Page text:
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There has been a high level of activity related to healthcare reform during the last two weeks. Despite these efforts, the future of the health insurance market is not any clearer for agents, brokers and their clients. The following is a summary of important developments, including one nugget of good news.
Republican leaders in the House of Representatives stepped away from the topic of healthcare reform in late March following their inability to pass the American Healthcare Act (AHCA). They’ve renewed efforts, with heavy pressure from the President, to find a solution. Certain changes now being considered would reduce standard benefit levels, other changes would give states the flexibility to maintain or modify requirements in the ACA. The notion of state flexibility in particular seems to have universal appeal and may be a concept that finds its way into final legislation in both the House and Senate.
However, the dynamics that led to the AHCA non-vote are still in place: a wide gap between moderate and conservative Republicans about the extent of changes that should be made to the ACA, a total blockade by Democrats on any legislation that modifies key provisions of the ACA and senators are expected to moderate any bill passed by the House.
While house Republicans try to develop compromise legislation, the Centers for Medicare and Medicaid Services (CMS) issued stabilization rules meant to address areas in the ACA that insurers believe contribute to losses. Insurers said this was a step in the right direction, but they uniformly agreed that the administration’s refusal to state whether it would continue cost-sharing reduction payments could lead to significant premium increases or to insurers exiting some or all markets. See our recent article: “A Little-Known Provision in the ACA Could Accelerate Healthcare Reform” to learn how cost-sharing payments could spur more rapid progress on healthcare reform.
A nugget of good news regarding cost-sharing payments emerged this week. On April 26th, the White House told congressional leaders that in the short term, it would continue cost-sharing payments to insurers. This will help the insurance market for now; however, until insurers know that these payments are permanent, there will continue to be a lack of stability.
Two major developments at the state level could impact the insurance market.
On April 27th, Covered California published the results of a study projecting 28 to 49 percent premium increases in 2018, should the federal government discontinue the above-mentioned cost-sharing payments and relax enforcement of the individual mandate. You may recall that the President’s January 20th executive order directed government agencies to minimize financial burdens imposed by the ACA. This could be interpreted to mean that the IRS will relax its imposition of penalties on those who do not purchase coverage. Taken together, the study projects, these two events would lead to significant premium increases and a drop in the number of insured.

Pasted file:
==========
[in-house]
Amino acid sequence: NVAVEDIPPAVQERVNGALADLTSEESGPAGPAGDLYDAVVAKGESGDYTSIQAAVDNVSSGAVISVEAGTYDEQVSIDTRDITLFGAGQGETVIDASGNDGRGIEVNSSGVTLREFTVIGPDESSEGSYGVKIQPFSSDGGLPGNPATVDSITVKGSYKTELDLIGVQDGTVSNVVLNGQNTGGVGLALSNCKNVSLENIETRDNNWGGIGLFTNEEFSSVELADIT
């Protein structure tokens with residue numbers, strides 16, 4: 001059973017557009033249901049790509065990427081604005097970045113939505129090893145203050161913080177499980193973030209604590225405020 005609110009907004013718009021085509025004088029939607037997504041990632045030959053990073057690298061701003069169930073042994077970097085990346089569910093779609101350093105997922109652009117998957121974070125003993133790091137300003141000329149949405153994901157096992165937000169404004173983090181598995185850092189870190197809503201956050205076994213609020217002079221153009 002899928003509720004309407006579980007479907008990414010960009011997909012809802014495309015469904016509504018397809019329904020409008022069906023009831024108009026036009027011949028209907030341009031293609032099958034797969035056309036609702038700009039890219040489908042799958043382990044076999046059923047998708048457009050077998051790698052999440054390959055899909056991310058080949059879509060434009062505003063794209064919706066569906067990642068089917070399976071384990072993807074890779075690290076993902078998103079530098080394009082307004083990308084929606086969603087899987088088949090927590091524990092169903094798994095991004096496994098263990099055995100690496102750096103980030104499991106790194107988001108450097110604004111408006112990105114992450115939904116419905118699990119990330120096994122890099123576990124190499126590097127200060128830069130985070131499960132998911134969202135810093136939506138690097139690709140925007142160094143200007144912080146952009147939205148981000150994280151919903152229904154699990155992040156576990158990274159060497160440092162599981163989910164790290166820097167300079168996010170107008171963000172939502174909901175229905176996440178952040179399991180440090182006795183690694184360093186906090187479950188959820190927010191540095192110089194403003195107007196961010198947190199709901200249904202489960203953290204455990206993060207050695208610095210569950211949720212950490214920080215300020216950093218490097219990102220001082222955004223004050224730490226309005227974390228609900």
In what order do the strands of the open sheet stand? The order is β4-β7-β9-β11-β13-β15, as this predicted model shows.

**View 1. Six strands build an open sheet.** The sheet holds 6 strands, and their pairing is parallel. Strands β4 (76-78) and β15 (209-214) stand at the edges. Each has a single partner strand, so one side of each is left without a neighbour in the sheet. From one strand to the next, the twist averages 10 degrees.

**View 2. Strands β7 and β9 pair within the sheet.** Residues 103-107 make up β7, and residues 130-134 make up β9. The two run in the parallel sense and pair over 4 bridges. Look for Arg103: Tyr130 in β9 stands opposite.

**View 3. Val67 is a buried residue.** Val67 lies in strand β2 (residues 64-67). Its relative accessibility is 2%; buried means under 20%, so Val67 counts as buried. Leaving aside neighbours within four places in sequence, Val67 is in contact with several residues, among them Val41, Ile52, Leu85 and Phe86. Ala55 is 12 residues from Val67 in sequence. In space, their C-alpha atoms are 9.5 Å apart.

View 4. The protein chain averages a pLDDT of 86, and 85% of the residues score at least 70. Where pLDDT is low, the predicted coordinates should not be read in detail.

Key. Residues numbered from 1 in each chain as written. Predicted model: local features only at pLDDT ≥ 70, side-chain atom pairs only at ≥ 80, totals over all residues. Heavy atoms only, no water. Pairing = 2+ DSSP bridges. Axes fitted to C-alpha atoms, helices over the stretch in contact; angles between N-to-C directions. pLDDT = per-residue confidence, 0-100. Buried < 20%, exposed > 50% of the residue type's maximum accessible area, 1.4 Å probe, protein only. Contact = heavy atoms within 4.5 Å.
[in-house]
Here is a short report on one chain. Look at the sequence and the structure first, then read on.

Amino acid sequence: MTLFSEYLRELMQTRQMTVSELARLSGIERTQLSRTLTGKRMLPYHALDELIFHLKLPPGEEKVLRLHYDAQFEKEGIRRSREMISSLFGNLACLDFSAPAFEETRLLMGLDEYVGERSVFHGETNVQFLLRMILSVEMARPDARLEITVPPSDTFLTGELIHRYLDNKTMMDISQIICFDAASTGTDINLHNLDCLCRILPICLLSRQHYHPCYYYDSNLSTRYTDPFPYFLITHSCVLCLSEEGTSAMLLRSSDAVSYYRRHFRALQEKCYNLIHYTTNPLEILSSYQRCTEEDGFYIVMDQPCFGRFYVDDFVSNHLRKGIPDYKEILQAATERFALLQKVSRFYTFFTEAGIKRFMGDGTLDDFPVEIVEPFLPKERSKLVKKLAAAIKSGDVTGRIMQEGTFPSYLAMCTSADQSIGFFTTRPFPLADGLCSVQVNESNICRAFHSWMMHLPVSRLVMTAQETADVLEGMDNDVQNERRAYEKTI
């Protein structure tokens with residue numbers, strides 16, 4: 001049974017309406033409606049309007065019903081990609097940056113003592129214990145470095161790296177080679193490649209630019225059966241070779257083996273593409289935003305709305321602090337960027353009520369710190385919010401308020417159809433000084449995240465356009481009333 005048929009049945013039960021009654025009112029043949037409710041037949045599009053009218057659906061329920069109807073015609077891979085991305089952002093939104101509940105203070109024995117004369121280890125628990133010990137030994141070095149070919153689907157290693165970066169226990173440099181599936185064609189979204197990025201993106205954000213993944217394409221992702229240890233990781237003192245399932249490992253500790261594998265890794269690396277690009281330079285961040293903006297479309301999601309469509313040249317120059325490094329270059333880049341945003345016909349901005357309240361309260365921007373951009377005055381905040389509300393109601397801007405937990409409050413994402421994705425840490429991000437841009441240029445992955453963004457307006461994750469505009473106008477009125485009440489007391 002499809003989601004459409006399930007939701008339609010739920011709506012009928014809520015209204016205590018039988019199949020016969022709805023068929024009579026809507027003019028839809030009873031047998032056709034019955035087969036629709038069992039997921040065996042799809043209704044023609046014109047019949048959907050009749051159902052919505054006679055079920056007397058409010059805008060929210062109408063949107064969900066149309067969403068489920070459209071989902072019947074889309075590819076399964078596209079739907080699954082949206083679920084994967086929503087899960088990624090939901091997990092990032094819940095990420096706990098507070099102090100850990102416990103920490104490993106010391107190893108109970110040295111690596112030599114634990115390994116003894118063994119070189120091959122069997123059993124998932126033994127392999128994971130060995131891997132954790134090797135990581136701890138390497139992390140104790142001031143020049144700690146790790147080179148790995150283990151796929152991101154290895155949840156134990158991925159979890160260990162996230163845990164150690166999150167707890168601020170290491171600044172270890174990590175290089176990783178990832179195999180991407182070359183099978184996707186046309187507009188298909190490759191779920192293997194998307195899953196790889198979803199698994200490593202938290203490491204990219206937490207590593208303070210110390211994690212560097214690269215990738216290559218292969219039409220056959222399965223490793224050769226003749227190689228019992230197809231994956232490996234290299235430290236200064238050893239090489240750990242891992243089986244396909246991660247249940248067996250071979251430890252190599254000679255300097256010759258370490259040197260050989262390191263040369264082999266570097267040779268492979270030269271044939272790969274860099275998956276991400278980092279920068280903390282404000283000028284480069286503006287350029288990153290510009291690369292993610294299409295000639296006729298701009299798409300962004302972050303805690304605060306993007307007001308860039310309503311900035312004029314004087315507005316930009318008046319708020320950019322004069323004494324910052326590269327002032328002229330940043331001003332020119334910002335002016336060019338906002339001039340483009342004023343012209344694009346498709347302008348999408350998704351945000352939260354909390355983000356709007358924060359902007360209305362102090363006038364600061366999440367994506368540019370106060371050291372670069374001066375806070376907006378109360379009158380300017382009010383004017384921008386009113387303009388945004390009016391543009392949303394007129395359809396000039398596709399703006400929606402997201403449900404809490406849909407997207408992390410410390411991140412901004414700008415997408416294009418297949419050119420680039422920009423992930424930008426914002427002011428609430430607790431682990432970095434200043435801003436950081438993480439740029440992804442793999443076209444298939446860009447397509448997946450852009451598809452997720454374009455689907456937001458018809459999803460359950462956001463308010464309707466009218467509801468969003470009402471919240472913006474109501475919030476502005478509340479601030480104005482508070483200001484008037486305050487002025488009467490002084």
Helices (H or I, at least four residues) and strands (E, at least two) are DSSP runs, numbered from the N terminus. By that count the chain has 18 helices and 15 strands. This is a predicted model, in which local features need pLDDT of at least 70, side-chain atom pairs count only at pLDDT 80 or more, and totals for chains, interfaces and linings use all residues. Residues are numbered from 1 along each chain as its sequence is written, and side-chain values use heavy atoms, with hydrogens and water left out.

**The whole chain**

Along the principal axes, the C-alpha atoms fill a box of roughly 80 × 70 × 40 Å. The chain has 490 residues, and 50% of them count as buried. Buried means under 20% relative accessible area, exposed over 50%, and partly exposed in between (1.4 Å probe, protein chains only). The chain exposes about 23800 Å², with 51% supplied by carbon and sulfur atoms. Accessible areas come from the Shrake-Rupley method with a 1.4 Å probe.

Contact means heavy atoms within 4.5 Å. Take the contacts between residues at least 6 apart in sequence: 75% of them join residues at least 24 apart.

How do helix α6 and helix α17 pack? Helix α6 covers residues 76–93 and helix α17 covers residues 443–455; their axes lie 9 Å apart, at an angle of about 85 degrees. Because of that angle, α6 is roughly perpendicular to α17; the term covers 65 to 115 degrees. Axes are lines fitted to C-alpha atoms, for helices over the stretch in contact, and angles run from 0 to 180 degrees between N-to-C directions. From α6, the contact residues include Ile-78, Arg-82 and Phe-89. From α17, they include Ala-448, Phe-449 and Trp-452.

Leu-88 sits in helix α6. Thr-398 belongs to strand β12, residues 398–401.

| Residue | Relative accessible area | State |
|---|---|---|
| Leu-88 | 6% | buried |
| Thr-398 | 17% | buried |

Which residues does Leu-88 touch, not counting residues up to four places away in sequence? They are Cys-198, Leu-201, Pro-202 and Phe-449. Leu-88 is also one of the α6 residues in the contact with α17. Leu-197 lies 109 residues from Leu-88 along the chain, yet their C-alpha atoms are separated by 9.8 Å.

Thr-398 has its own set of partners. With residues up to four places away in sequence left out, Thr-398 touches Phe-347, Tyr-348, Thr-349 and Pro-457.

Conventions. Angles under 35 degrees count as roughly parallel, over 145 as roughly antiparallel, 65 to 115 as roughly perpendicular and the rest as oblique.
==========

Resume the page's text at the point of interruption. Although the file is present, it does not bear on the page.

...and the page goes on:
A second development with the potential to impact Californians was the April 26th approval, by the Senate Health Committee, of a bill to establish a single-payer healthcare system (see: basics of single-payer for an explanation of the concept). The measure now moves to the Appropriations Committee where its fiscal impact will be assessed and debated prior to consideration by the full Senate. This is not the first attempt to pass “single-payer” legislation in California, as is clearly described by Healthcare for All – California, and this iteration faces significant challenges as others have in the past.
If you would like to learn how “single-payer” could affect your clients and your business, we recommend reviewing these talking points developed by the California Association of Health Underwriters (CAHU), the professional association that represents health insurance agents and brokers and their clients. If you are not yet a member of CAHU and NAHU (the national organization), we strongly recommend that you join (see sponsorship offer below). These organizations provide agents and brokers with excellent professional development opportunities; easy-to-follow instructions on how to get your message to lawmakers and most importantly, they advocate strongly with legislators on your behalf.
To encourage you to join NAHU and CAHU, Claremont will sponsor your membership by paying one month’s dues ($40 value) for the first 15 brokers that contact us. Simply email us at email@example.com to become a member with the Claremont sponsorship.
Contact the small group experts at 800.696.4543 or firstname.lastname@example.org.